A microalbuminuria threshold to predict the risk for the development of diabetic retinopathy in type 2 diabetes mellitus patients

PLoS One. 2012;7(5):e36718. doi: 10.1371/journal.pone.0036718. Epub 2012 May 10.


Objective: To test the hypothesis that a microalbuminuria (MA) threshold can help predict the risk for the development of diabetic retinopathy (DR) in type 2 diabetes mellitus (T2DM)_ patients.

Design: We conducted a cross-sectional study of 4739 subjects with T2DM and a prospective study of 297 subjects with T2DM in China respectively.

Methods: Clinical and laboratory data were collected and biologic risk factors associated with any DR were analysed.

Results: In the cross-sectional study, we found that MA was an independent risk factor for DR development; further, when the patients were divided into MA deciles, odds ratio (ORs) of DR for the patients in the sixth MA decile (10.7 mg/24 h) was 1.579-fold (1.161-2.147) compared to that for patients in the first MA decile. Furthermore, the OR of DR increased with a gradual increase in MA levels. Similarly, in the prospective study, during a mean follow-up of 4.5 years, we found that 51 patients (29.0%) of the 176 subjects with high MA level (10.7-30 mg/24 h) developed DR, while 17 patients (14.1%) of the 121 subjects with lower MA (<10.7 mg/24 h) developed DR, and the relative risk ratio of the development of DR is 2.13(95% CI, 1.58-3.62, P<0.001).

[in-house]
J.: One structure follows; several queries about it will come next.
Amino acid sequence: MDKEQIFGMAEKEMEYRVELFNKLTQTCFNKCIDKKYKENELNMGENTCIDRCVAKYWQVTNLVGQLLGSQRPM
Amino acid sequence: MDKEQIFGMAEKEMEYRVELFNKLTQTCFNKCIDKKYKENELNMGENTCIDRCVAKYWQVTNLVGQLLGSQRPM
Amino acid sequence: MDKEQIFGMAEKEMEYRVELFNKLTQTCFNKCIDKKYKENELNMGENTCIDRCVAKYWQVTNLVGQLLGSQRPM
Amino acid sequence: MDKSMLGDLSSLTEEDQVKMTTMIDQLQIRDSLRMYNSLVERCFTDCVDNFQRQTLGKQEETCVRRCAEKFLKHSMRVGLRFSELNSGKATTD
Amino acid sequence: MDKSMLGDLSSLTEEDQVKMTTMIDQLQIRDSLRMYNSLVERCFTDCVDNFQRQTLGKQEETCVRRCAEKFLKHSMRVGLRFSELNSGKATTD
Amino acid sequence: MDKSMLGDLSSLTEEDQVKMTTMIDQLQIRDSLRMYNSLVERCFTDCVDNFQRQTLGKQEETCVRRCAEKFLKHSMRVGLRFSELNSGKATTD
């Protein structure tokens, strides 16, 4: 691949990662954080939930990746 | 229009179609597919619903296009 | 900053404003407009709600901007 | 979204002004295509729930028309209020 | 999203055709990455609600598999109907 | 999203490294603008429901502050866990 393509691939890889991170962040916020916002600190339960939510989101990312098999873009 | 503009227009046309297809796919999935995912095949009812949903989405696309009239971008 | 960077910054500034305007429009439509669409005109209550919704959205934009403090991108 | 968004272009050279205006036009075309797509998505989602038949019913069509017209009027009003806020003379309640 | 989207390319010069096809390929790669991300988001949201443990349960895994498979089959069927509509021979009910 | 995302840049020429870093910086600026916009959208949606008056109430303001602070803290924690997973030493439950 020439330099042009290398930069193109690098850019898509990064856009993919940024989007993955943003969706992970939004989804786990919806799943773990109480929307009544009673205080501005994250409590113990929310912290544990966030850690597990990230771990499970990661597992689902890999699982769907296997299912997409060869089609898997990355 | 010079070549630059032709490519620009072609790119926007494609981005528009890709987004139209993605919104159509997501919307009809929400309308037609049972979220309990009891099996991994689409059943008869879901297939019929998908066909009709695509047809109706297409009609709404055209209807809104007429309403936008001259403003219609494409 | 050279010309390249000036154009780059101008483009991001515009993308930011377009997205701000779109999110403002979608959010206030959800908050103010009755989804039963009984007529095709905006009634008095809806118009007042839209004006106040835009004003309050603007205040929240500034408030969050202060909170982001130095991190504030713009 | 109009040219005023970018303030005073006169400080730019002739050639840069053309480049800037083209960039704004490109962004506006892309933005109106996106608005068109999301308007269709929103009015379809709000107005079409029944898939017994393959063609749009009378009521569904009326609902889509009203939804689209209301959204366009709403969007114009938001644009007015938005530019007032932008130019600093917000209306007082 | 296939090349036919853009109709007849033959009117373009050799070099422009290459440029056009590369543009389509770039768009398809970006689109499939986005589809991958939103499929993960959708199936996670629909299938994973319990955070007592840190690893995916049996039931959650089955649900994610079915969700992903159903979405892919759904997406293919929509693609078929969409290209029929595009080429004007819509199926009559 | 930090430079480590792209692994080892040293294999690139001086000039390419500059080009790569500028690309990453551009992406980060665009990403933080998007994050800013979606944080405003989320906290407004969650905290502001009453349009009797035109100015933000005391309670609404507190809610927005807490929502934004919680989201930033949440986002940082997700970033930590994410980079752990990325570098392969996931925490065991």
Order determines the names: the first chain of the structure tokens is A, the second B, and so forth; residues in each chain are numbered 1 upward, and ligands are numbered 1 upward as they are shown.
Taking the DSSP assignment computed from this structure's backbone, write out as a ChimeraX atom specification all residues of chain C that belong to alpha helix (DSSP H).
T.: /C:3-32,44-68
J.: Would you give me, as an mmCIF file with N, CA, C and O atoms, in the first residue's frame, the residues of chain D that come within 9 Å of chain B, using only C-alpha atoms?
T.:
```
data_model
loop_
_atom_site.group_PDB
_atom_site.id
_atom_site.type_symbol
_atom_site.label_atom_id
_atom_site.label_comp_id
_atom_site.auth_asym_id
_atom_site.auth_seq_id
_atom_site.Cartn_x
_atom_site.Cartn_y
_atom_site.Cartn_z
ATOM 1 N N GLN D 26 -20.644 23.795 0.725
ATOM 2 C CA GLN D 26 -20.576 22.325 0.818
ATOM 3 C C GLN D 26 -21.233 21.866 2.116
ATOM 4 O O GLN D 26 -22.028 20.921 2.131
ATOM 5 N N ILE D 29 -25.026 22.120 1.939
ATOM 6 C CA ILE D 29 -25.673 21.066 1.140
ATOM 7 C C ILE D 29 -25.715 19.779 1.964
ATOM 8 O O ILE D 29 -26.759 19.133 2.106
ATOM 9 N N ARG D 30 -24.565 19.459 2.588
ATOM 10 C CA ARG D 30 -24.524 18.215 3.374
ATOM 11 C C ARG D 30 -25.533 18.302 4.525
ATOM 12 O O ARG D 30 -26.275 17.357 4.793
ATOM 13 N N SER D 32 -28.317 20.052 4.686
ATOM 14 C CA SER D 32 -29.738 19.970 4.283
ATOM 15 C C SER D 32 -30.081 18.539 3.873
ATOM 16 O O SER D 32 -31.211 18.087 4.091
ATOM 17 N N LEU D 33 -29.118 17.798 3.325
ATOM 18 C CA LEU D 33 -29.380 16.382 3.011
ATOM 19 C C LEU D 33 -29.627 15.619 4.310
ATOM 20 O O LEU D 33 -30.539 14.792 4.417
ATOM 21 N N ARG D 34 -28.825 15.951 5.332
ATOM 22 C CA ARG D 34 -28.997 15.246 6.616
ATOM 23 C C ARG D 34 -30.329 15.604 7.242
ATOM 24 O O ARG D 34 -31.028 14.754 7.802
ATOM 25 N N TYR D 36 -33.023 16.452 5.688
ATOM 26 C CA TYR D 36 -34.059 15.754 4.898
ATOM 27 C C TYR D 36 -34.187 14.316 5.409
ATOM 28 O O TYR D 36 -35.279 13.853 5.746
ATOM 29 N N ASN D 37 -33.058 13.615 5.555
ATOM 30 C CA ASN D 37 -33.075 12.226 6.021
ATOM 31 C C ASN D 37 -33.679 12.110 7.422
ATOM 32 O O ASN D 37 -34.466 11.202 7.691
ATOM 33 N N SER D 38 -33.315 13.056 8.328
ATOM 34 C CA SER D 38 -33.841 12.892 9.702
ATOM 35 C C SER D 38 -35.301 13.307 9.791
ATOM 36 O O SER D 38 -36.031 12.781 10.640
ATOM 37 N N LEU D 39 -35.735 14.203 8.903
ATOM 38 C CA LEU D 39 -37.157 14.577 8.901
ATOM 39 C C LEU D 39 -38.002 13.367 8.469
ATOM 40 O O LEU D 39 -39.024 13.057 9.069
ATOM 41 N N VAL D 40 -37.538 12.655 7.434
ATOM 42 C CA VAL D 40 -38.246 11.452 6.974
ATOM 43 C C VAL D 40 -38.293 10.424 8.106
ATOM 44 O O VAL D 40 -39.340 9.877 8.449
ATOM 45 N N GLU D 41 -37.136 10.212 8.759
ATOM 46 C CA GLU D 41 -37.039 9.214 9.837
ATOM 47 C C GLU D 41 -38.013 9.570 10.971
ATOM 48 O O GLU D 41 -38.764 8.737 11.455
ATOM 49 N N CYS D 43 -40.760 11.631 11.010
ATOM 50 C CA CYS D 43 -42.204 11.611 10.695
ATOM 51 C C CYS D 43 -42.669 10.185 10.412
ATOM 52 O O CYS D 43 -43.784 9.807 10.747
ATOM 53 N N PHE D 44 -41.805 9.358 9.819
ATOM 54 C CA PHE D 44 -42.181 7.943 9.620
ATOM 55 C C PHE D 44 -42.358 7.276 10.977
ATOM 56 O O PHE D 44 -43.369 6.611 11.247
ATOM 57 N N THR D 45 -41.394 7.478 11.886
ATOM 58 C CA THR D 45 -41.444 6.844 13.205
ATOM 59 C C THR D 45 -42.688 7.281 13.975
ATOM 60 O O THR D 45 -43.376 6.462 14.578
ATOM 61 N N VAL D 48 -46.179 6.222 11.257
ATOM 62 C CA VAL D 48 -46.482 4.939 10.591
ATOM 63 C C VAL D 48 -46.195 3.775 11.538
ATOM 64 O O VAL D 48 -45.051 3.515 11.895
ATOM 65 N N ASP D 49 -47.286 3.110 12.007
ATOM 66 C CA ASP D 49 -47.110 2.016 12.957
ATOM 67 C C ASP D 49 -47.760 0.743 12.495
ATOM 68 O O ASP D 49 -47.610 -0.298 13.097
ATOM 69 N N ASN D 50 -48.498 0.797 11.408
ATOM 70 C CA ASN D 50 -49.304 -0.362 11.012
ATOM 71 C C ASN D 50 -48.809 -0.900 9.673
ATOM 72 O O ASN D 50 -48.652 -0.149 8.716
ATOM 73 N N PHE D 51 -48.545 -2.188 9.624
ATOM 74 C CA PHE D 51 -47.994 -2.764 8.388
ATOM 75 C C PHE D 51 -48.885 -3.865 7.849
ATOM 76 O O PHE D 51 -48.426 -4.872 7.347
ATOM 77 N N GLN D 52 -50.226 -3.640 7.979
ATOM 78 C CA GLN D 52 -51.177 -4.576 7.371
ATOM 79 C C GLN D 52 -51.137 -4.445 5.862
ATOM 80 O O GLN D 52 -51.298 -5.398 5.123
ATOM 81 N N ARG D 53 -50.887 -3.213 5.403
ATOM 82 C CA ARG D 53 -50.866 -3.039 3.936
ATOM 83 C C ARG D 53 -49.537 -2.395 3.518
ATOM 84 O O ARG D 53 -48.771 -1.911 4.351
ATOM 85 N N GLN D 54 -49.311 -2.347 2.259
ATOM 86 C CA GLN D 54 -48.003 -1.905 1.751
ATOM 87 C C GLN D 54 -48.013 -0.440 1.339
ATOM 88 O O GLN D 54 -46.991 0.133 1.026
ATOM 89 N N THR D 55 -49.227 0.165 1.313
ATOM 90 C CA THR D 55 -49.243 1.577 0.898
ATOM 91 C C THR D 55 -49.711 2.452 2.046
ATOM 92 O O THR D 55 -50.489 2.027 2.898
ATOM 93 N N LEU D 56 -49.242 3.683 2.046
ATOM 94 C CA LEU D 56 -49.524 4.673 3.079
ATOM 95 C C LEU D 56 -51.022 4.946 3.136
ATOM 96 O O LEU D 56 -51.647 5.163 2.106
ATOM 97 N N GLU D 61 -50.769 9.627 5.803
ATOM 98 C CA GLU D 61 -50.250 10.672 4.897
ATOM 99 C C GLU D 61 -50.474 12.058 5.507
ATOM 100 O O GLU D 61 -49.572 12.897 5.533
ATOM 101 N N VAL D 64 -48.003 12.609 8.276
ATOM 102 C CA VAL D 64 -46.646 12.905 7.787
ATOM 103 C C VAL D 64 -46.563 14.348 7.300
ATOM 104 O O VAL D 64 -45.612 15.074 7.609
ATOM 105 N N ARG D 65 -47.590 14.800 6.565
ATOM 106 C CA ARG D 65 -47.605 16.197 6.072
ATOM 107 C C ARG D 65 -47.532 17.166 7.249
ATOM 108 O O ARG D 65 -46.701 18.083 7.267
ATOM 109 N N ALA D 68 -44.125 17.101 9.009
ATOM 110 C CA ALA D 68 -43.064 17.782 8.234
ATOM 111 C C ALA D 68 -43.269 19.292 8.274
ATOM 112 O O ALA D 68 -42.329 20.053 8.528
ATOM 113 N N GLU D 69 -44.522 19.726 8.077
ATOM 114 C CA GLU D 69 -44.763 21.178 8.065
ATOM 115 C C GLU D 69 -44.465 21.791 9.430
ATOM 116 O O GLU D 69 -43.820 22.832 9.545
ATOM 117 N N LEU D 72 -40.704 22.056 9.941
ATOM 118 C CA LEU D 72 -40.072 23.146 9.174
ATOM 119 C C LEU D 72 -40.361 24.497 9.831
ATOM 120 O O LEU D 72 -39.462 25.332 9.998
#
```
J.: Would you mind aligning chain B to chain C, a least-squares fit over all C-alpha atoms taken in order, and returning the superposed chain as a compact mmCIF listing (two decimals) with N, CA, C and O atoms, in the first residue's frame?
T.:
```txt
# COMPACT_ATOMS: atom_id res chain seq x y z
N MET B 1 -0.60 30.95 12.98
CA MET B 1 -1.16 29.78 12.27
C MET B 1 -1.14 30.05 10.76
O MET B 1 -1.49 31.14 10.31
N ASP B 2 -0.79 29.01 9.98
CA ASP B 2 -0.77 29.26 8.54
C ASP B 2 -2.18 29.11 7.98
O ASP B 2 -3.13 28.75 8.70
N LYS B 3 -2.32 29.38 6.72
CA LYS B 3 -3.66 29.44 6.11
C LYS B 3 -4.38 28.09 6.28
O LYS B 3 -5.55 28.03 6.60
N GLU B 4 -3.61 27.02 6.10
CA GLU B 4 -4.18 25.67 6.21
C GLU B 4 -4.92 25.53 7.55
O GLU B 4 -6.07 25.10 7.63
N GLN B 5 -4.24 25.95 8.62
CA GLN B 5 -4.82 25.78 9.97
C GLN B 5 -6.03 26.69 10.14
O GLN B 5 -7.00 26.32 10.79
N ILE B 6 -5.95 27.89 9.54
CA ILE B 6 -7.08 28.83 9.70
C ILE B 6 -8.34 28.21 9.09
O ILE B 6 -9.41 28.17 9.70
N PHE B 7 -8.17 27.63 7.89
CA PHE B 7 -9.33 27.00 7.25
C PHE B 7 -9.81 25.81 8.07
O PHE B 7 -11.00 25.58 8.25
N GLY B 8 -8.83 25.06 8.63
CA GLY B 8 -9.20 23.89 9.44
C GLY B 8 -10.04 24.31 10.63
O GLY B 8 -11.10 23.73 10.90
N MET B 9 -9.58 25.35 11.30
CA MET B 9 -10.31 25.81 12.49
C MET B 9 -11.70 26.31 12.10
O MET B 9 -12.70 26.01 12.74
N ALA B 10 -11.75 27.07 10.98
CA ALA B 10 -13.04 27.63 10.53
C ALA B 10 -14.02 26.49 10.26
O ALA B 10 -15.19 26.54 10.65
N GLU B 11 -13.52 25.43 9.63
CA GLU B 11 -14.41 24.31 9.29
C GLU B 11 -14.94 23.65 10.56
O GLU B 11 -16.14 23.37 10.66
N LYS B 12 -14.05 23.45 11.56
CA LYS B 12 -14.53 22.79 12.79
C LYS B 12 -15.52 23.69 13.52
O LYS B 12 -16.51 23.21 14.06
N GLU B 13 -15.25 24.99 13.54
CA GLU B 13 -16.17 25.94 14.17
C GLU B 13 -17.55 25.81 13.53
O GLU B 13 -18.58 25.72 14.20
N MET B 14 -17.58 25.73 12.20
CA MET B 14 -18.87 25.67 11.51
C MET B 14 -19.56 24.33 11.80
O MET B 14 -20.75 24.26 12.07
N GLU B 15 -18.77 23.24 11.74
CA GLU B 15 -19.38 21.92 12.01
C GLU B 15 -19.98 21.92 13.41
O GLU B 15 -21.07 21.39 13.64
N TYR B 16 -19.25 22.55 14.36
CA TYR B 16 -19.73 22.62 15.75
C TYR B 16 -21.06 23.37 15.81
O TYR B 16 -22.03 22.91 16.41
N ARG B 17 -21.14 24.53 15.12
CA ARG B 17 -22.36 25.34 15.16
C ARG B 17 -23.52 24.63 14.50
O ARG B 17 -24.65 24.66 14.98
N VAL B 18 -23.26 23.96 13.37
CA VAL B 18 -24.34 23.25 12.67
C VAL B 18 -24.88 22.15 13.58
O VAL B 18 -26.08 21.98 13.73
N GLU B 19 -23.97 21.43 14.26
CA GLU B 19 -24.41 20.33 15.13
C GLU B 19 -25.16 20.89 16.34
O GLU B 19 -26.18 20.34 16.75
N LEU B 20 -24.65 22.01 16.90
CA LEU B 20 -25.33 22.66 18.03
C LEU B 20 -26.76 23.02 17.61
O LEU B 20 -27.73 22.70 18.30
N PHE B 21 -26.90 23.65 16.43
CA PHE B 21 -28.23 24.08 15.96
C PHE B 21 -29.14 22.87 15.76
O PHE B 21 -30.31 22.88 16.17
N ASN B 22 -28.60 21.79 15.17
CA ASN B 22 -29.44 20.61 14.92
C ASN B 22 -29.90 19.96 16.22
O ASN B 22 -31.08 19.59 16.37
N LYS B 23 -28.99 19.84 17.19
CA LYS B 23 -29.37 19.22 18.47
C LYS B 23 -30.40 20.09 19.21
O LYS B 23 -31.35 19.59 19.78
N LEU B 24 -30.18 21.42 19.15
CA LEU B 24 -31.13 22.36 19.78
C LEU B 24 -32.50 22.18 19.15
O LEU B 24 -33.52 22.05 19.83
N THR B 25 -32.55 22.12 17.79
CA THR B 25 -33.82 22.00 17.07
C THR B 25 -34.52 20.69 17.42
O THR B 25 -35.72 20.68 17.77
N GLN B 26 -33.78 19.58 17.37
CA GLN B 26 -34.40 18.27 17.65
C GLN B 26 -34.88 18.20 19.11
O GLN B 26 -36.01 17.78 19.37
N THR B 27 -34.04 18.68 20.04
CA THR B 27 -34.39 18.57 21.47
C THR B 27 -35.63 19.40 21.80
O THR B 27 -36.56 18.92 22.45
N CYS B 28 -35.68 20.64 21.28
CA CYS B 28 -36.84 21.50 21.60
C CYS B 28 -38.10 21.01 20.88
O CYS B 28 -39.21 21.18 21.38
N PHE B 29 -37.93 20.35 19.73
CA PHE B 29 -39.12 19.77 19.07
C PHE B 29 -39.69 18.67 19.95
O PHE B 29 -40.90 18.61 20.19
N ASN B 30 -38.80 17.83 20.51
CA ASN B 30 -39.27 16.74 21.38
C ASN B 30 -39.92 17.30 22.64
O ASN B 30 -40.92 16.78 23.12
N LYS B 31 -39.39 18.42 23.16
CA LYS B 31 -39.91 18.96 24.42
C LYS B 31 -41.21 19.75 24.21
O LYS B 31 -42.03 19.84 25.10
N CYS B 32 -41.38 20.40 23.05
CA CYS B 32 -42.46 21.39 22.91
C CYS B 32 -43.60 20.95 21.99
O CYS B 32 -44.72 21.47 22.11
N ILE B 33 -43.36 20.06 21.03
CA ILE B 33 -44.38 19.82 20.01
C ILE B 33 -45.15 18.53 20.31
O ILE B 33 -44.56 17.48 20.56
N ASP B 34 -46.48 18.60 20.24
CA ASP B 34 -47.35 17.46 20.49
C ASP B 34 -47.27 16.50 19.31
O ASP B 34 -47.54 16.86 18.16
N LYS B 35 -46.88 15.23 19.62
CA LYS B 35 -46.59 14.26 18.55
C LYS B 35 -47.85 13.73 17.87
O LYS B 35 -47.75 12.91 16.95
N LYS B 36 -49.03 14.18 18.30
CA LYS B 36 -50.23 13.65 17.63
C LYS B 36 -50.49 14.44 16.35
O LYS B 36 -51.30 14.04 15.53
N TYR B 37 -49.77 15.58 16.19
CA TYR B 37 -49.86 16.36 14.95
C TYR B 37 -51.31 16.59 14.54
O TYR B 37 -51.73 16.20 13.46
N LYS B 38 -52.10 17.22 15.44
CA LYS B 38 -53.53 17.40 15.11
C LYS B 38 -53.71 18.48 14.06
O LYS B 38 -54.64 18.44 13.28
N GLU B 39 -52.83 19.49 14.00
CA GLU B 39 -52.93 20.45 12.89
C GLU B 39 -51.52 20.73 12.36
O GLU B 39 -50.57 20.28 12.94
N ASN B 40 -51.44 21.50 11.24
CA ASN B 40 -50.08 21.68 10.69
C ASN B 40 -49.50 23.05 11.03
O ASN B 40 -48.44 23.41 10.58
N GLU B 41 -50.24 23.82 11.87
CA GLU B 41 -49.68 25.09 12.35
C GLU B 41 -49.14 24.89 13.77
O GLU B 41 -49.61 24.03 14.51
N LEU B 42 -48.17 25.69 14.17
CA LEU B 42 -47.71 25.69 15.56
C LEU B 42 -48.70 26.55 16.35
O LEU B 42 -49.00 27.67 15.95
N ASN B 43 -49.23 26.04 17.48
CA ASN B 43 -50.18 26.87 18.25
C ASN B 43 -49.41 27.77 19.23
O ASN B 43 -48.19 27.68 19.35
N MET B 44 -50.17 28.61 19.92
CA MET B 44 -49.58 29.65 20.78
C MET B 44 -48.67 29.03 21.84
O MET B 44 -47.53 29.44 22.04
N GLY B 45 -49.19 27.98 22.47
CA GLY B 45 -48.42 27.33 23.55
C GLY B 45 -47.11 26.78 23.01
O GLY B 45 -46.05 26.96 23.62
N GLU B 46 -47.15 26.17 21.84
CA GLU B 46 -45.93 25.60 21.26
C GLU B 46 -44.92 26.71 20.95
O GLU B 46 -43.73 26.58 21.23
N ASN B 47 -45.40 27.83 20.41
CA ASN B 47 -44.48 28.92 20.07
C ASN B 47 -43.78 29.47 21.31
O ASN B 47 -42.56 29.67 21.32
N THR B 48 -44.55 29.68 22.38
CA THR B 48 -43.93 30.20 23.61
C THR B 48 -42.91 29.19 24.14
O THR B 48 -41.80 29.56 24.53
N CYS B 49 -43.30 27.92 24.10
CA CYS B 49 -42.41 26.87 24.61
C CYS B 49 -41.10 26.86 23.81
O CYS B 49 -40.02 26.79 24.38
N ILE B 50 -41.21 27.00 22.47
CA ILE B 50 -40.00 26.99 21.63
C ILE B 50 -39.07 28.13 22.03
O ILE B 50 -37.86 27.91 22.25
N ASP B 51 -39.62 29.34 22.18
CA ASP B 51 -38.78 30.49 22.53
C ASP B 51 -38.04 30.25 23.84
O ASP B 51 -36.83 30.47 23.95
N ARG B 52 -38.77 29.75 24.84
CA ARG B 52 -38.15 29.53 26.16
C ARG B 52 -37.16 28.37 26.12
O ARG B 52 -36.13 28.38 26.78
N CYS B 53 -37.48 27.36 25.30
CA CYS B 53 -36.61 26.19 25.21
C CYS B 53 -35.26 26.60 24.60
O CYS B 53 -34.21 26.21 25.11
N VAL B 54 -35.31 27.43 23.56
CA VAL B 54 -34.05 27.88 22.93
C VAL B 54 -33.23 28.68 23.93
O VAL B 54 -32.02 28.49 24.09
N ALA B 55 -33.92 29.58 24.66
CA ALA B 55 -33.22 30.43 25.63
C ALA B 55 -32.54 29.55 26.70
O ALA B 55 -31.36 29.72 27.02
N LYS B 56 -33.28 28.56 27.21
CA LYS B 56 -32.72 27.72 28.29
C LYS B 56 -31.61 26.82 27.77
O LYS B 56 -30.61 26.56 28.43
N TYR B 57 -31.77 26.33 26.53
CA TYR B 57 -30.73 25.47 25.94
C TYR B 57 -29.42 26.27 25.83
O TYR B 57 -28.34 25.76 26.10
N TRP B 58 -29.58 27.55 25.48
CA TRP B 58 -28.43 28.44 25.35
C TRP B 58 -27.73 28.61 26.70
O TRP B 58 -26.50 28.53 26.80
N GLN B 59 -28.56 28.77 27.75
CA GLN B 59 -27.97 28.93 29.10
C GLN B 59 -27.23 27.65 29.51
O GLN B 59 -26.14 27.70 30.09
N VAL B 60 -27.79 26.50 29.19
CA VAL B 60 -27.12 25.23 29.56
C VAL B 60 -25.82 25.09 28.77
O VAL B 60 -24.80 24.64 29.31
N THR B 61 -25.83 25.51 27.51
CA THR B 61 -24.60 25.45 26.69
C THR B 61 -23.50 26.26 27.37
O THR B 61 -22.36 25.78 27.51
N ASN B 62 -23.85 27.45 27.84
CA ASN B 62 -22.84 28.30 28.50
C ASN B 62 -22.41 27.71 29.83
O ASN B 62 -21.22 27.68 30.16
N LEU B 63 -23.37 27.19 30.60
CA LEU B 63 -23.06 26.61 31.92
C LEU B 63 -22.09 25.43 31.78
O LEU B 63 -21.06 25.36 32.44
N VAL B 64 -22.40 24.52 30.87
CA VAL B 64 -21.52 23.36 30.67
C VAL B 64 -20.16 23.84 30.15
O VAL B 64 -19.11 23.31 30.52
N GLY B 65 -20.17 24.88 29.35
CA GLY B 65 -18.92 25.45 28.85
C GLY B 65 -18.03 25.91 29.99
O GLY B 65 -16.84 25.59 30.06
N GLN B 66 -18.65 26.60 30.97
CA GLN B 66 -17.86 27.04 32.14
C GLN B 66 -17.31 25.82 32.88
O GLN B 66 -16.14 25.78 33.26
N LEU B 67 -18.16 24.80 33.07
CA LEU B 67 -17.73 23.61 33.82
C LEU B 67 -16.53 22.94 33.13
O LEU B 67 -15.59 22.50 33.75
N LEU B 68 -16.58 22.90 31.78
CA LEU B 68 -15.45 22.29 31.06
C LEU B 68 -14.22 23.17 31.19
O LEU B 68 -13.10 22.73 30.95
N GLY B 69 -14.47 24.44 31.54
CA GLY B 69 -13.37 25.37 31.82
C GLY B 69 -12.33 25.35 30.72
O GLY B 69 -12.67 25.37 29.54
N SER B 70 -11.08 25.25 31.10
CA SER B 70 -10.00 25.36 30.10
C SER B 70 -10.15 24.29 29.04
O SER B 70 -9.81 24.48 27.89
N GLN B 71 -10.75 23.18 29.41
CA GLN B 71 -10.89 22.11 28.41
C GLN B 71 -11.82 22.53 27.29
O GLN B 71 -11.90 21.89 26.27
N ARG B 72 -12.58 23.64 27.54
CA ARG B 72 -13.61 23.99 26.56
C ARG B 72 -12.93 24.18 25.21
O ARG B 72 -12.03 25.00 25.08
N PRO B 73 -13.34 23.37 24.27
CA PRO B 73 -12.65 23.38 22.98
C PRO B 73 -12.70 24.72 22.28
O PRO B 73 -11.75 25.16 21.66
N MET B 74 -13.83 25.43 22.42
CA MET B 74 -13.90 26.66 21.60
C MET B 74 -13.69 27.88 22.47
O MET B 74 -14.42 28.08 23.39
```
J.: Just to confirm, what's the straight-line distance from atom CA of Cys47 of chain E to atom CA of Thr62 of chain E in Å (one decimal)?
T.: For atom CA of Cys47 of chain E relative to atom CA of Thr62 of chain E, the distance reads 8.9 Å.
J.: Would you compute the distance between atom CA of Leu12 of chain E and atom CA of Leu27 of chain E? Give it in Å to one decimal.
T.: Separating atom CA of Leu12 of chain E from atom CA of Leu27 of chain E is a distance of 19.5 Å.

Conclusion: These data suggest that an MA threshold can predict the risk for the development of DR in type 2 diabetes mellitus, although it is still within the traditionally established normal range.

Publication types

  • Clinical Trial
  • Multicenter Study
  • Research Support, Non-U.S. Gov't

MeSH terms

  • Adult
  • Aged
  • Albuminuria* / complications
  • Albuminuria* / urine
  • China
  • Cross-Sectional Studies
  • Diabetes Mellitus, Type 2 / urine*
  • Diabetic Retinopathy* / etiology
  • Diabetic Retinopathy* / urine
  • Female
  • Follow-Up Studies
  • Humans
  • Male
  • Middle Aged
  • Prospective Studies
  • Risk Factors